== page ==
ketamine infusion therapy


We have found that certain patients prefer the security of knowing that the IV route has been more studied or offers greater control over the amount or rate of ketamine administered since an IV infusion can be slowed down or stopped. Other patients prefer the simplicity of a single injection over a 40-minute infusion. Since our experience has been that patients who receive IV and IM tend to fare similarly, we offer the choice of route of administration to the patient to decide for themselves.

Most research on ketamine for mental health issues has been on the intravenous (IV) route of administration. As a result, if we are to practice evidence-based medicine, we would recommend most patients receive ketamine in the way it was studied via IV infusion. However, some psychiatrists developed a method of administering ketamine via intramuscular (IM) injection, citing its simplicity and no burden of maintaining IV access that some find uncomfortable or distracting. They also cite the bioavailability, the amount of medication administered that actually enters the bloodstream, of IV and IM are quite similar: 99 vs. 95%, respectively. Because these two methods have not been compared in a head-to-head study, no one can definitively state that IV is superior or that IM is inferior, but it cannot be argued that IV has more evidence supporting its use for now.


We pride ourselves on facilitating the highest quality psychiatric care for various issues, including depression, anxiety, post-traumatic stress disorder, bipolar depression, obsessive-compulsive disorder, thoughts of self-harm, and addiction. Unlike most other clinics that offer ketamine treatment, we work with subspecialty fellowship-trained psychiatrists. This means in addition to general adult psychiatry, psychiatrists affiliated with us are trained in subspecialties such as mood disorders, child & adolescent psychiatry, geriatric psychiatry, or addiction psychiatry. Psychotherapists affiliated with us are trained in Ketamine Assisted Psychotherapy (KAP) and many other modalities, are available to help our patients get the most insight and psychological benefit out of the non-ordinary state of consciousness (NOSC) that ketamine therapy creates.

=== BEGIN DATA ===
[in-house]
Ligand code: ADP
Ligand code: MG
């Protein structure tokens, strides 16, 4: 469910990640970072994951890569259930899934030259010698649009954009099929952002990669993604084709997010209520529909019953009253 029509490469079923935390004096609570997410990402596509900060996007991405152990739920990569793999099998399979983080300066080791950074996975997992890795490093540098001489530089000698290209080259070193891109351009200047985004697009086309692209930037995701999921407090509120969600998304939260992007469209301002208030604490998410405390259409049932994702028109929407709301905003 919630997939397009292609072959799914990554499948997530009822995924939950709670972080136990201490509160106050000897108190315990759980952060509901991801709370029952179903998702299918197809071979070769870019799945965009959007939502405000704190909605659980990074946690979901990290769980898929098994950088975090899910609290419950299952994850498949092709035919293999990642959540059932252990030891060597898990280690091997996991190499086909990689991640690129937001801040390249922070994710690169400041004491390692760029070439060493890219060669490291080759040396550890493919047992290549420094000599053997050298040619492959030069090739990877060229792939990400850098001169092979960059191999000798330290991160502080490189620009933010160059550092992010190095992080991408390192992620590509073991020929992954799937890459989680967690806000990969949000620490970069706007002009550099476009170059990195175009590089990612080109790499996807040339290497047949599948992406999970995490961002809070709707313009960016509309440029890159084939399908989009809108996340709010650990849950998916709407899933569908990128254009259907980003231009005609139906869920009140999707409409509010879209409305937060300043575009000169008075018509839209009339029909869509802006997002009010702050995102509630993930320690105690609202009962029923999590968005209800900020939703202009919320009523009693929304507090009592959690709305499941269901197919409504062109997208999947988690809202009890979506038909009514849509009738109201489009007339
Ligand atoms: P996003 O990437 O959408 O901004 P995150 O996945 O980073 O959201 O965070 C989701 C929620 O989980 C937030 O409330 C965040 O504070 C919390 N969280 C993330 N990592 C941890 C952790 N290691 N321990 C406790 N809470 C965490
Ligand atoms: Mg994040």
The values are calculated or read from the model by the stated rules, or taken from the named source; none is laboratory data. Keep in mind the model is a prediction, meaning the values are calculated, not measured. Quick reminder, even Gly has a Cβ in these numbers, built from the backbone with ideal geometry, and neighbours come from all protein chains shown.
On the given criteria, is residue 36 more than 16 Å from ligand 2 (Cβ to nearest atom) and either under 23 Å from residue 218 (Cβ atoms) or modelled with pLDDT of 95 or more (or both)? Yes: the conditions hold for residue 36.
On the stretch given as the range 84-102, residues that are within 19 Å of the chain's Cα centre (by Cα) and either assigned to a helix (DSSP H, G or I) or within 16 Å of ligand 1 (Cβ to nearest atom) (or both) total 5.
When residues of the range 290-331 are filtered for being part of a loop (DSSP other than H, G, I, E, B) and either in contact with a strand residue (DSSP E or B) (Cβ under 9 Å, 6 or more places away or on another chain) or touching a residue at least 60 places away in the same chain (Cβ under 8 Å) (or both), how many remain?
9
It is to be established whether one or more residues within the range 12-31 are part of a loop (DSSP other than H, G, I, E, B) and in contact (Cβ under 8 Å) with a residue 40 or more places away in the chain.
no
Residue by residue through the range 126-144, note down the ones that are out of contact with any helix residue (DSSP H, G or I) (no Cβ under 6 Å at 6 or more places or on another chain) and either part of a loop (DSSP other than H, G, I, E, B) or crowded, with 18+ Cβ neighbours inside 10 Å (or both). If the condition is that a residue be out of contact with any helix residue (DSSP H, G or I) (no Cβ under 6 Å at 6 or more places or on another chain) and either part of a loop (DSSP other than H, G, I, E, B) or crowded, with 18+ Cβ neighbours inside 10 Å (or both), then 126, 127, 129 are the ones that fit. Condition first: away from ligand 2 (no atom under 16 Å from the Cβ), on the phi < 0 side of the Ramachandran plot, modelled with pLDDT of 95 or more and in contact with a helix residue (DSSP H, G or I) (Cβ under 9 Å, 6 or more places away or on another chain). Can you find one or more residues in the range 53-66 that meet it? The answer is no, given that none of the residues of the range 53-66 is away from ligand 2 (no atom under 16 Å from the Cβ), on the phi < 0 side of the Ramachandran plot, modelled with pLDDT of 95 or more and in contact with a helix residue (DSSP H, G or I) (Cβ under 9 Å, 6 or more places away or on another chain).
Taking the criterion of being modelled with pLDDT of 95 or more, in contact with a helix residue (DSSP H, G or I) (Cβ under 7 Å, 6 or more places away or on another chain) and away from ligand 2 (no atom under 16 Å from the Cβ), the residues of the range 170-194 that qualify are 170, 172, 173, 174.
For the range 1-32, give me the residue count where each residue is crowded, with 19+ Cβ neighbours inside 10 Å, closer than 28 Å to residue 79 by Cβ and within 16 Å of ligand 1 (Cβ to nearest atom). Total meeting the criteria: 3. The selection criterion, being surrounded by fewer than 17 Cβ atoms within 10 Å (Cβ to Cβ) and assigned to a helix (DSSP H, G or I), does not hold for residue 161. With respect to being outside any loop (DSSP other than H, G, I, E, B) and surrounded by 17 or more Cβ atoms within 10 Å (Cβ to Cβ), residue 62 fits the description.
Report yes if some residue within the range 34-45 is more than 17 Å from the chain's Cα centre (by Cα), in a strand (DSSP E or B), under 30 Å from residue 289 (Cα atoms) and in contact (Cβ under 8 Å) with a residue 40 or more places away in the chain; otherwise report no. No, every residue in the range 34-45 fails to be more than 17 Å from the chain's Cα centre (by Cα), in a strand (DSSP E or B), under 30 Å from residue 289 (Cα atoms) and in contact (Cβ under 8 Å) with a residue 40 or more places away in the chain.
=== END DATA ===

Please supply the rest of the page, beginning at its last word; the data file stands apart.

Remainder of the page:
Your first appointment will always begin with a comprehensive psychiatric evaluation via telehealth. Psychiatrists will discuss various treatment options during the assessment, including psychotherapy, traditional antidepressants or other oral medications, or ketamine therapy. Psychiatrists will also review your medical and psychiatric history, determine a diagnosis, and develop a treatment plan. If you have a history of a recent heart attack, stroke, psychosis (hallucinations, delusions), or bladder inflammation (cystitis), you may not be a candidate for ketamine treatment, or you may require clearance from your physician.

If you and your doctor mutually agree to proceed with ketamine treatment, you will schedule the ketamine treatment sessions, which require up to two hours in our office.


  • Infusion - an intravenous (IV) drip providing medication directly into the bloodstream over a period of 40 minutes
  • Intramuscular (IM) Injection - a shot administered with a needle into one of your muscles (usually the shoulder)
  • Spravato(R)/esketamine (nasal spray) - a mist absorbed through the nasal sinuses

The effects of ketamine vary with the route of administration and dose. Initial effects may include feelings of relaxation, warmth, openness, lowered defensiveness, empathy, and increased capability for introspection; this state is most conducive to Ketamine Assisted Psychotherapy (KAP). With higher doses, patients may experience an increasing disconnection from one’s body, which may even feel like an out-of-body experience or ego dissolution (loss of individual identity), with simultaneous deep feelings of love, peace, and joy. Research is being conducted to determine if feelings of dissociation predict whether a patient’s depressive symptoms will respond to ketamine therapy. Despite the “non-ordinary state” one enters with ketamine treatment, patients most often describe it as a positive and pleasant experience. The majority of these subjective effects of the medication, for all routes of administration, last 40-60 minutes, though the beneficial effects on mood persist from 1 week to several months. Since the greatest and longest-lasting benefit of ketamine comes with 6 treatments over a 2-3 week period, we ask patients to commit to at least 2 but preferably 6 administrations and then plan to return for periodic booster sessions every few weeks or months to prevent depression from returning. Driving after a treatment is not allowed until the next day since ketamine temporarily impairs coordination and balance. Please plan to get a ride home after your treatments from family, a friend, or a taxi or ride-sharing company.

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